Measurement of mean platelets volume is used in the diagnosis of thrombocytopenia, conditions in which there is a decrease in platelet count.
Platelets or thrombocytes are fragments of megakaryocytes that form in the bone marrow. They are necessary for hemostasis and blood coagulation. When the blood vessel wall is injured, the platelets attach to the wall and accumulate, forming a platelet clot. It is advantageous in this process for platelets to be large. When bone marrow function is reduced, the megakaryocytes are small, resulting in the formation of small platelets. When any pathological condition other than bone marrow dysfunction is the cause of the decreased platelet count, then the bone marrow tries to compensate for it by releasing larger platelets.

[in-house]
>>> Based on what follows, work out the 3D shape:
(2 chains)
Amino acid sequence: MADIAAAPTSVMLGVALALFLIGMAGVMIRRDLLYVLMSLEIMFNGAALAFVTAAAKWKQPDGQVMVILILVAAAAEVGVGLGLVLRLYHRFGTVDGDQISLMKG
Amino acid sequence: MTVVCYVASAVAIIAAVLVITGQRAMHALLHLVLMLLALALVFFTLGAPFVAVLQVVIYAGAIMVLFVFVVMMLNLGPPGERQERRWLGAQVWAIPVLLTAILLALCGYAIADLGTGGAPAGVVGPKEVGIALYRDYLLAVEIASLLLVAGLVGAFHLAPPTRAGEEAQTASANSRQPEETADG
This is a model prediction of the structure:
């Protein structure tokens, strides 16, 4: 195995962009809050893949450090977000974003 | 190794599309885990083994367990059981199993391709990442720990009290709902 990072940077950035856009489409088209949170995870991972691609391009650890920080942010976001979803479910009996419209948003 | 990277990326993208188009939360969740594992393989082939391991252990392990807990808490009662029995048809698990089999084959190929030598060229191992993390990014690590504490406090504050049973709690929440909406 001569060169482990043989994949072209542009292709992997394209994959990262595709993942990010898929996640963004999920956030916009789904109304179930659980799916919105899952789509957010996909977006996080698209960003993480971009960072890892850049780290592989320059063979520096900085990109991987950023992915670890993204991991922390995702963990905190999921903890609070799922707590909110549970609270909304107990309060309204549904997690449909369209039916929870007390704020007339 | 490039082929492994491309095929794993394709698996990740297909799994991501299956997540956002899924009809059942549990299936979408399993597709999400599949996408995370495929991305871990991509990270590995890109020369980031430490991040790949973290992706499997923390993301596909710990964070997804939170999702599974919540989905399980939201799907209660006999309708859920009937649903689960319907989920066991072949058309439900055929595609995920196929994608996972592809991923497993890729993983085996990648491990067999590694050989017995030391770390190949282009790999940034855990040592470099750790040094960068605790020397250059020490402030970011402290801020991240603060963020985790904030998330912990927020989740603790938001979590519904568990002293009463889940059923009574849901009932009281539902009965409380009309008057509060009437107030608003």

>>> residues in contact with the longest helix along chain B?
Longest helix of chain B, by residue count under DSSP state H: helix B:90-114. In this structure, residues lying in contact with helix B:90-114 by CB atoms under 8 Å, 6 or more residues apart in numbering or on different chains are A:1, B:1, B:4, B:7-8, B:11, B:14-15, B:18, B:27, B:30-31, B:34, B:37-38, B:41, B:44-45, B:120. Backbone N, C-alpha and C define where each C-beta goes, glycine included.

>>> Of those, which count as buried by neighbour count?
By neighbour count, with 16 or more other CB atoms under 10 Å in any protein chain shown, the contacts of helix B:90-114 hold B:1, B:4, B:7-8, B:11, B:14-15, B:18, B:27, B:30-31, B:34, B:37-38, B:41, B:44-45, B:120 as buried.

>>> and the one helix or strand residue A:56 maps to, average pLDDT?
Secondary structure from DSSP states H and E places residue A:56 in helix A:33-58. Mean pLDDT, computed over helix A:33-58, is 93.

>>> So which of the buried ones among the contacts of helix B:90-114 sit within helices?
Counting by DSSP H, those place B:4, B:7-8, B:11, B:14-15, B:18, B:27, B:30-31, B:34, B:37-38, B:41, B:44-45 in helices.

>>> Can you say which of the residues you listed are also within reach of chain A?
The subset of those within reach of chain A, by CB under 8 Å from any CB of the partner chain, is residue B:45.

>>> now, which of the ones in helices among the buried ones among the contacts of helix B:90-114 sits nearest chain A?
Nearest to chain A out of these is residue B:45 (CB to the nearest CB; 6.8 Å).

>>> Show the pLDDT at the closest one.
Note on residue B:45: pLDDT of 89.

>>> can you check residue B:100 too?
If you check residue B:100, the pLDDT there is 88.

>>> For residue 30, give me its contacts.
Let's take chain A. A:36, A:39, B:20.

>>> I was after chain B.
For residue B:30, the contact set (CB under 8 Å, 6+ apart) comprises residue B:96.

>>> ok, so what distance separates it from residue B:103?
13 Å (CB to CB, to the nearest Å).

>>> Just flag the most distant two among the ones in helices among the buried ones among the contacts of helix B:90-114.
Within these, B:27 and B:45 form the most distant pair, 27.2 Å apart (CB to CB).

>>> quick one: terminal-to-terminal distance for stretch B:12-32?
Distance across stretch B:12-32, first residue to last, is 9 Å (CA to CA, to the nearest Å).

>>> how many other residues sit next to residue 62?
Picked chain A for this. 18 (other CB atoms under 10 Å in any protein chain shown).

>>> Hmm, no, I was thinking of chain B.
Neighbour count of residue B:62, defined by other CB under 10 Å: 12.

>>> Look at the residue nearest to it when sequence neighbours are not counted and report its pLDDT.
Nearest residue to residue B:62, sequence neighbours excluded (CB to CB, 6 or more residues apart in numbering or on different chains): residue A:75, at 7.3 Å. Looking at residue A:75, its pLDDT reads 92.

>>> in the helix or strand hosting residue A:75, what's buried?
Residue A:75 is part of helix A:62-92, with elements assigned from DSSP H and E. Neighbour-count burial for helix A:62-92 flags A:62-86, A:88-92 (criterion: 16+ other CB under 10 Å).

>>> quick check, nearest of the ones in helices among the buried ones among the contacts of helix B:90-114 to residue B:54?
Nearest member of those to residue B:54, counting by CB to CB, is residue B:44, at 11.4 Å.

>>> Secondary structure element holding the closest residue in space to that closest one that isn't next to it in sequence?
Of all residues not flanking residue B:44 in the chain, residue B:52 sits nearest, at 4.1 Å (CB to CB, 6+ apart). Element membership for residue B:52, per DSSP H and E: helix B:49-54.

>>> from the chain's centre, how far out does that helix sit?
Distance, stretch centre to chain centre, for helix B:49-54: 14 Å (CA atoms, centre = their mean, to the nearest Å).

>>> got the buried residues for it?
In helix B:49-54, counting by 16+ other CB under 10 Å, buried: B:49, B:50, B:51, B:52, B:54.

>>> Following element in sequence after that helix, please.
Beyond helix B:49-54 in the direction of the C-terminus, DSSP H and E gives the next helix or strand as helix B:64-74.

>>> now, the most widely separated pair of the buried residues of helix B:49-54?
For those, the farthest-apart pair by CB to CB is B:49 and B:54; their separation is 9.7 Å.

Mean Platelet Volume measurement is part of the Complete Blood Count
What Do Pathological Values Mean?
- Increase: Bernard-Soulier syndrome, diabetes mellitus, disseminated intravascular coagulation, hyperthyroidism, leukemia, May-Hegglin anomaly, myeloproliferative disorders, systemic lupus erythematosus, heart valve diseases.
- Decrease: Aplastic anemia, hypersplenism, inflammatory bowel disease (active), megaloblastic anemia, Wiskott-Aldrich syndrome.
Laboratory test results are the most important parameter for the diagnosis and monitoring of all pathological conditions. 70%-80% of diagnostic decisions are based on laboratory tests. The correct interpretation of laboratory results allows a doctor to distinguish "healthy" from "diseased".
Laboratory test results should not be interpreted from the numerical result of a single analysis. Test results should be interpreted in relation to each individual case and family history, clinical findings, and the results of other laboratory tests and information. Your personal physician should explain the importance of your test results.
At Diagnostiki Athinon we answer any questions you may have about the test you perform in our laboratory and we contact your doctor to get the best possible medical care.